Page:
28 Mar San Francisco’s Golden Gate Bridge
While most folks recognize the famous bridge which spans the San Francisco Bay, not as many men and women know about its history. Though it was once a recently finished happening, the bridge has been around now for 2 decades. The people who assembled it, watching it rise to become a silhouette spanning the bay’s skyline, are all gone.
When it was discussed, the cost for the bridge was. Exorbitant and people were not sure where the money would come in to pay for it. What ended up covering the price is a rather remarkable story in and of itself. People living in San Francisco and the surrounding area were asked this: Should something goes wrong with the bridge, or if it were destroyed before it was paid off, would they be willing to put liens in their homes to cover it? They agreed, and the project went.
The bridge was begun in January of 1933, and four years later, in May of 1937, it formally opened, a viable solution for the city’s growing traffic congestion problems. The bridge remains an engineering marvel, the burden of it being supported by wires that run up and above the legendary orange towers. It was crafted with movement in your mind, able to move as much as 10 feet downwards, or 6 feet in the other way, and one travels 1.7 miles when moving over it.
Because it had been constructed during the famous melancholy of the 1930s, work was rare and finding work with great pay was a decoration to come by. Workers on the bridge had been becoming paid around $11/day, a good salary at the time, but the work was perilous and required rigorous attention to stay secure at work. A security net was installed with the express purpose of grabbing anyone that dropped, a supply which ended up saving 19 lives. (Because the structure is so high above the water, anybody falling from the bridge will likely not survive. The force of this impact is compared to a car hitting a brick wall at a speed of 80 mph) Dangerous task aside, though, people would hang out in the building site, cooking their food, waiting for an individual working over to drop in hopes of getting that individual’s job. (#slightlydisturbing)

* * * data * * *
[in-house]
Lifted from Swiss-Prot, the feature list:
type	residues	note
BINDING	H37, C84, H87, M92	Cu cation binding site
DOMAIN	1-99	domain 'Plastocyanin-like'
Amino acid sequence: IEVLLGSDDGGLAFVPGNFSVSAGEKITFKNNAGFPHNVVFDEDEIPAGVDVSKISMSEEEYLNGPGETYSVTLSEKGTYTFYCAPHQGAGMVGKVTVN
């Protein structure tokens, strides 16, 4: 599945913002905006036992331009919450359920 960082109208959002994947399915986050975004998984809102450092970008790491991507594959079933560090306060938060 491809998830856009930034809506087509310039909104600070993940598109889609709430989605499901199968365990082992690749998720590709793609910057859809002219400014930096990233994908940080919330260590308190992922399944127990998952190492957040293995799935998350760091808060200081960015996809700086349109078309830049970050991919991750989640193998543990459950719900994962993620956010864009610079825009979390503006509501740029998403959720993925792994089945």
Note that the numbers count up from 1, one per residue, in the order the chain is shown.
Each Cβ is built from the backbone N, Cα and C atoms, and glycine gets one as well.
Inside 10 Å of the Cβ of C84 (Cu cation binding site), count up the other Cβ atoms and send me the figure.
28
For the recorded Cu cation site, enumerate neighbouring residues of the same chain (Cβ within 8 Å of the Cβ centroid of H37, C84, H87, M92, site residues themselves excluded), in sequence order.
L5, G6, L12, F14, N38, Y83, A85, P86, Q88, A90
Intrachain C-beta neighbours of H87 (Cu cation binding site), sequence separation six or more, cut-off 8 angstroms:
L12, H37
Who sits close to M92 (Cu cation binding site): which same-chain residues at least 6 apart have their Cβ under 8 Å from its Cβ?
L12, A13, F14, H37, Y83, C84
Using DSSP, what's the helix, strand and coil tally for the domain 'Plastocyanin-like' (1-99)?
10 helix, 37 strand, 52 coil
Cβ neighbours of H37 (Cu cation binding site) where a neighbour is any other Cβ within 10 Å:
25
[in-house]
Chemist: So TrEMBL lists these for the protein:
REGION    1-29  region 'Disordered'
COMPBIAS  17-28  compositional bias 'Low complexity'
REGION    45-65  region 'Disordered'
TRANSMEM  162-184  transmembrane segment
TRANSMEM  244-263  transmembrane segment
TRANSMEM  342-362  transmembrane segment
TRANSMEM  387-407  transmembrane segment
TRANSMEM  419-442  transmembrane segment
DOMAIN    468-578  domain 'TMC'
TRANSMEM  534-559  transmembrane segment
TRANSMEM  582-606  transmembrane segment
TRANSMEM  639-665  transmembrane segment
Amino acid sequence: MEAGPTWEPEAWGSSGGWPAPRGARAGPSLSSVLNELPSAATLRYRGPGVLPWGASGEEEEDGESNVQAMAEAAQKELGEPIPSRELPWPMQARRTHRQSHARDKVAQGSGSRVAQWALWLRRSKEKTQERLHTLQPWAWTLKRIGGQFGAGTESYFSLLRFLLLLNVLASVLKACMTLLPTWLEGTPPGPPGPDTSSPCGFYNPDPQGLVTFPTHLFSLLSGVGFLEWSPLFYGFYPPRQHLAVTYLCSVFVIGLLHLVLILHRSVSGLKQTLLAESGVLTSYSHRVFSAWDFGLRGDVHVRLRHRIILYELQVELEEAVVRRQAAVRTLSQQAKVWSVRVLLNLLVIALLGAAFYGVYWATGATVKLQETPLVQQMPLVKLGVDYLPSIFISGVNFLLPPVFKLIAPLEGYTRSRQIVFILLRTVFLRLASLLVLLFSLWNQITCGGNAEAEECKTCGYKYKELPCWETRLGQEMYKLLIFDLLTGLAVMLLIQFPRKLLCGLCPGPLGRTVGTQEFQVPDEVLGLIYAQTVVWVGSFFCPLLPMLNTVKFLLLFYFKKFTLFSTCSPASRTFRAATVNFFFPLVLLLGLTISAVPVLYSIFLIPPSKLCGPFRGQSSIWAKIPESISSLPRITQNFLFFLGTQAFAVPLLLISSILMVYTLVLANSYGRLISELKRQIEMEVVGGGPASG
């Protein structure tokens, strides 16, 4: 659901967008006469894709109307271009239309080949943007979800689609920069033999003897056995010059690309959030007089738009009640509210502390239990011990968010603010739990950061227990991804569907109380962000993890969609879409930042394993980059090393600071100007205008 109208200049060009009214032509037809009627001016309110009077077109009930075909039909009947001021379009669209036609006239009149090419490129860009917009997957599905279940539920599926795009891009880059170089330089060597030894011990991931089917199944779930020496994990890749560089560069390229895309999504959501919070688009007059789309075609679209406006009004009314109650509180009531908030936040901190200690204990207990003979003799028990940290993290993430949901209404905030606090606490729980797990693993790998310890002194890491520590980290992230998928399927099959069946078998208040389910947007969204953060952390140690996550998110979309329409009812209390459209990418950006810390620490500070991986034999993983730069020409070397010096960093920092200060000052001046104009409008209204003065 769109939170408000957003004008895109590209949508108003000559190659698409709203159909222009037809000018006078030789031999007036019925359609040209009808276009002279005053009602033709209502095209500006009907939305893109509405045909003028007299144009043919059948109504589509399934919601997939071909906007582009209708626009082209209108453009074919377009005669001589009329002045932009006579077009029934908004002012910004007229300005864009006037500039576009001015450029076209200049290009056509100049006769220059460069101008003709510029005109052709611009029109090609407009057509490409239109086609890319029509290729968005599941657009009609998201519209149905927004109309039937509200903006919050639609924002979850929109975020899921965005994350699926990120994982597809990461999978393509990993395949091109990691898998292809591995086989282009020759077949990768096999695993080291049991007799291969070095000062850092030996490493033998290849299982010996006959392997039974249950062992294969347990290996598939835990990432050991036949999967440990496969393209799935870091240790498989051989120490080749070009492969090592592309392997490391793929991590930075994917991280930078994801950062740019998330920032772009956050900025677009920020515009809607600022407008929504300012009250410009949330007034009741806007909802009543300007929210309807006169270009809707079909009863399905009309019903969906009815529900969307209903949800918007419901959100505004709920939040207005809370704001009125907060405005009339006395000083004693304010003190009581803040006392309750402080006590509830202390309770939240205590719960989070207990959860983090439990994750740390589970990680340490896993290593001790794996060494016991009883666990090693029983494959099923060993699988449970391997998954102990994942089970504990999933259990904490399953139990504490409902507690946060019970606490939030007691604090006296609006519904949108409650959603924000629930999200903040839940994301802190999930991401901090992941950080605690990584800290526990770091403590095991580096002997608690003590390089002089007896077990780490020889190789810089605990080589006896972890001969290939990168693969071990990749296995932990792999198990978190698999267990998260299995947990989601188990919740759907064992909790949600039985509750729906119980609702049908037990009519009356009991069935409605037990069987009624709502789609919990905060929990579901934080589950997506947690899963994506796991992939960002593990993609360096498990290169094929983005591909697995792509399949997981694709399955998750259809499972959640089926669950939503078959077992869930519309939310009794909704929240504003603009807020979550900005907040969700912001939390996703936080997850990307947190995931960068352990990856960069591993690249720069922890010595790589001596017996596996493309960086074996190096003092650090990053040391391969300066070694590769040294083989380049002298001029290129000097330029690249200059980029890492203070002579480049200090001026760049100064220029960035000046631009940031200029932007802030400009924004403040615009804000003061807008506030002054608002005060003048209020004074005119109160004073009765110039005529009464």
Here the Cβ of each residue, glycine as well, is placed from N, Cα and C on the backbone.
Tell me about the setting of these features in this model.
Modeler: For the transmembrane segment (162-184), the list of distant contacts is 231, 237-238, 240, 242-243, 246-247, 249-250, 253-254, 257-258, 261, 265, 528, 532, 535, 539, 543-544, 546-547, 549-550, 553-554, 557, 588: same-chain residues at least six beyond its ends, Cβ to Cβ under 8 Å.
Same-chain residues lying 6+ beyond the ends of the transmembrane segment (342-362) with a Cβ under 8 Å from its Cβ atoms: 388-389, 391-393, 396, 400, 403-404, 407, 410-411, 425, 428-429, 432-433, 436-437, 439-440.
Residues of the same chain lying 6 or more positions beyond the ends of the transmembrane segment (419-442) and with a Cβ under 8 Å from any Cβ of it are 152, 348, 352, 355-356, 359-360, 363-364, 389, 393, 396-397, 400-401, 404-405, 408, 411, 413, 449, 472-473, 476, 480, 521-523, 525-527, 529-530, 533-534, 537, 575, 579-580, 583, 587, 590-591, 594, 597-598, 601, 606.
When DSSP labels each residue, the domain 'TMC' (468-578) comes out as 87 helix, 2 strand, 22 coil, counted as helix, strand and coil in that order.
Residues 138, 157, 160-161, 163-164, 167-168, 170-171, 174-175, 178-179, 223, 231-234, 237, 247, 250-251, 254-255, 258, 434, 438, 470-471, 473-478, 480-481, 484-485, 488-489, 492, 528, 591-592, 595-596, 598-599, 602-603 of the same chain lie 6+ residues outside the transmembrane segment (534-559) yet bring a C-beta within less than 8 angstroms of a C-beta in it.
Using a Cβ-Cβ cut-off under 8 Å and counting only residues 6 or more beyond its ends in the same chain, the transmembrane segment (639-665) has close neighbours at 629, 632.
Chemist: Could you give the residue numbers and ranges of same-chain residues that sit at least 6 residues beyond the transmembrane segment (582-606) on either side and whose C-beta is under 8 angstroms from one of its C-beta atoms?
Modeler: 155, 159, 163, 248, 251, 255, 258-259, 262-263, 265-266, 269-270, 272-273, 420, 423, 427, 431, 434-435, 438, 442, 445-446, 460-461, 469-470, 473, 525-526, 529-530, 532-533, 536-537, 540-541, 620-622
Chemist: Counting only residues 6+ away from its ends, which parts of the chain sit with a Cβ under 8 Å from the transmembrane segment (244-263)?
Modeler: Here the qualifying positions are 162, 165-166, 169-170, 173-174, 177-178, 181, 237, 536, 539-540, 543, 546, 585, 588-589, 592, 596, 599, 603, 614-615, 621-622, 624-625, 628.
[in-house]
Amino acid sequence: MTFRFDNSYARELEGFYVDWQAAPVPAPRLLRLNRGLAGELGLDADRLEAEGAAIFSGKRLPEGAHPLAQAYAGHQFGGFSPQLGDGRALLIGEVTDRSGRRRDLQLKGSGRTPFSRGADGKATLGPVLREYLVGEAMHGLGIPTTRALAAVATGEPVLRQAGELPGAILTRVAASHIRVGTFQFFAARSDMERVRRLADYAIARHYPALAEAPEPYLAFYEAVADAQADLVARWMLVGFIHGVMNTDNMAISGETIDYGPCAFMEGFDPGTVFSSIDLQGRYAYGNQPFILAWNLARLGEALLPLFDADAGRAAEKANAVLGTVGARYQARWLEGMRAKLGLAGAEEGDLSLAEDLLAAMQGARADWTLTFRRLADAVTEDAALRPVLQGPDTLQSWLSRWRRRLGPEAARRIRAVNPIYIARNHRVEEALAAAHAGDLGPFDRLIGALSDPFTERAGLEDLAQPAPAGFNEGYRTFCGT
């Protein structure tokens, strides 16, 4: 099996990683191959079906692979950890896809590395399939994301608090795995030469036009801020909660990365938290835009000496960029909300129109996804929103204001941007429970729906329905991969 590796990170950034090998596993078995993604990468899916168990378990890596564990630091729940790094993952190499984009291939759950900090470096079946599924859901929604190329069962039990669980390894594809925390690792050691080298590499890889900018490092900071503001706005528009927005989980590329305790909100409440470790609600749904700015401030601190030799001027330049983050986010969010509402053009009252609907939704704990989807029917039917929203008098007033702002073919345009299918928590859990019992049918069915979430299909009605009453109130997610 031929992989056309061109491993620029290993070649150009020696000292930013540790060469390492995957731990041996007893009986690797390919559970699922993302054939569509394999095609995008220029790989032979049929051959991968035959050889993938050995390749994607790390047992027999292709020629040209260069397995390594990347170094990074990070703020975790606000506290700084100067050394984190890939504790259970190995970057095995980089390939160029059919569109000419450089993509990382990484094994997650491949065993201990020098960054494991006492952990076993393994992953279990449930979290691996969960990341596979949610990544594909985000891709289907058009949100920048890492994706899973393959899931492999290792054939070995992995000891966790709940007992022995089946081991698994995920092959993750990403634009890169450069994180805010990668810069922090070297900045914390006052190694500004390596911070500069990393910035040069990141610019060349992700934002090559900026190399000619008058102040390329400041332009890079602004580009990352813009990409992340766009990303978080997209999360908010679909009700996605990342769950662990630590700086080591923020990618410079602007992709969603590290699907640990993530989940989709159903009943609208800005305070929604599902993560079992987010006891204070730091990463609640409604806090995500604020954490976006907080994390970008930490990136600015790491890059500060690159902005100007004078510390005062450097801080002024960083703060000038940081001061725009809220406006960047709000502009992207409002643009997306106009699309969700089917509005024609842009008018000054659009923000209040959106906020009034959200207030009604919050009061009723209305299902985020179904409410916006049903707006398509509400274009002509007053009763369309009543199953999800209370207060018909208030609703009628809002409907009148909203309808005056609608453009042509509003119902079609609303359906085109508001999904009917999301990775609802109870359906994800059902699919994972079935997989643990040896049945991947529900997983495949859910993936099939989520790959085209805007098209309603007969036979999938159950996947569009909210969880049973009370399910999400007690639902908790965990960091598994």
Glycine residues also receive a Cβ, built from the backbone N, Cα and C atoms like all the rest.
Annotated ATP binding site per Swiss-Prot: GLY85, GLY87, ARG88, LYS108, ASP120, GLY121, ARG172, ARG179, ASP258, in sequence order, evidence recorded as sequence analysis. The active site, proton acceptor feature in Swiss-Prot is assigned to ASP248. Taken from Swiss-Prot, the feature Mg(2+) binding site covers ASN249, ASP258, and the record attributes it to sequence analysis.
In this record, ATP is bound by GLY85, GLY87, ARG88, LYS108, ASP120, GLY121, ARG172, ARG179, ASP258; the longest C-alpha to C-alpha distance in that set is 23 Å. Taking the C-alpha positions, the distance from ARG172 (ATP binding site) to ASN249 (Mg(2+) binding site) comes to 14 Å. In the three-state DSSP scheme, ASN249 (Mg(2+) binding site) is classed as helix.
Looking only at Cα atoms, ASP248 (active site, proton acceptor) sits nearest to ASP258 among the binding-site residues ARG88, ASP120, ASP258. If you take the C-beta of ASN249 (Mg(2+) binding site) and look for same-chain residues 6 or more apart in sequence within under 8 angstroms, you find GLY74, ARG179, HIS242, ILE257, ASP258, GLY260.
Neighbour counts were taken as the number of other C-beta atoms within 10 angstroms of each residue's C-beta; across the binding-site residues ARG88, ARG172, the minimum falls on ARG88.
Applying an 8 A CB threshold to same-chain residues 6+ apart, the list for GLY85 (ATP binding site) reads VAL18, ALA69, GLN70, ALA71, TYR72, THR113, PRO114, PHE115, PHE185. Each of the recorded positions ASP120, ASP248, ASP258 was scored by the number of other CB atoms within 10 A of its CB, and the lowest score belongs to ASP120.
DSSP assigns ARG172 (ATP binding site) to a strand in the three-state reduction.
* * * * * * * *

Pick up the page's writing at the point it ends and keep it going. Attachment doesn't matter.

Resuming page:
The big steel cables that hold the bridge up are 3 ft in diameter. And, even though they seem like one solid piece of steel in the outside, they are actually assembled of 27,572 individual cables bundled together and covered with an exterior plate of steel. Every one of these massive main cables is 7,650 ft long. And, since it’s constructed from steel and also built in an environment subjected to salt and water, the bridge requires continuous upkeep. Now, over 100 individuals work full-time in the bridge enforcing security and performing the essential care to make sure its longevity by preventing rust.
And what about its colour? During preparation, black and gray were indicated choices, and the navy was really hoping that the bridge could be painted with black and yellow stripes. (Hello awful finished product!) The color that has been chosen, however, came about as a bit of fortuitous happenstance. The primer paint that was used gave the metal an orange hue, a color which complemented the surrounding region and helped make the bridge visible in fog. So, finally they moved with orange crimson and it stuck.
No one would argue that the finished product remains, now, among the most well-known landmarks around the west shore of america. And that’s what sightseeing is about: seeing locations an area is known for and coming to better understand the tales that constitute our country’s history. As a motorcoach company, we love providing a method for tour groups to see what they wish to see, from San Francisco to New York City. Selecting to GoMotorcoach means that your team can take in the sites together, permitting your driver to look after the parking and driving concerns while you consume all there is to see and do. For whatever sightseeing adventure is around the corner on your calendar, let our charter bus Houston, Texas come along and take care of the transportation!
(The information for this article came from the following source: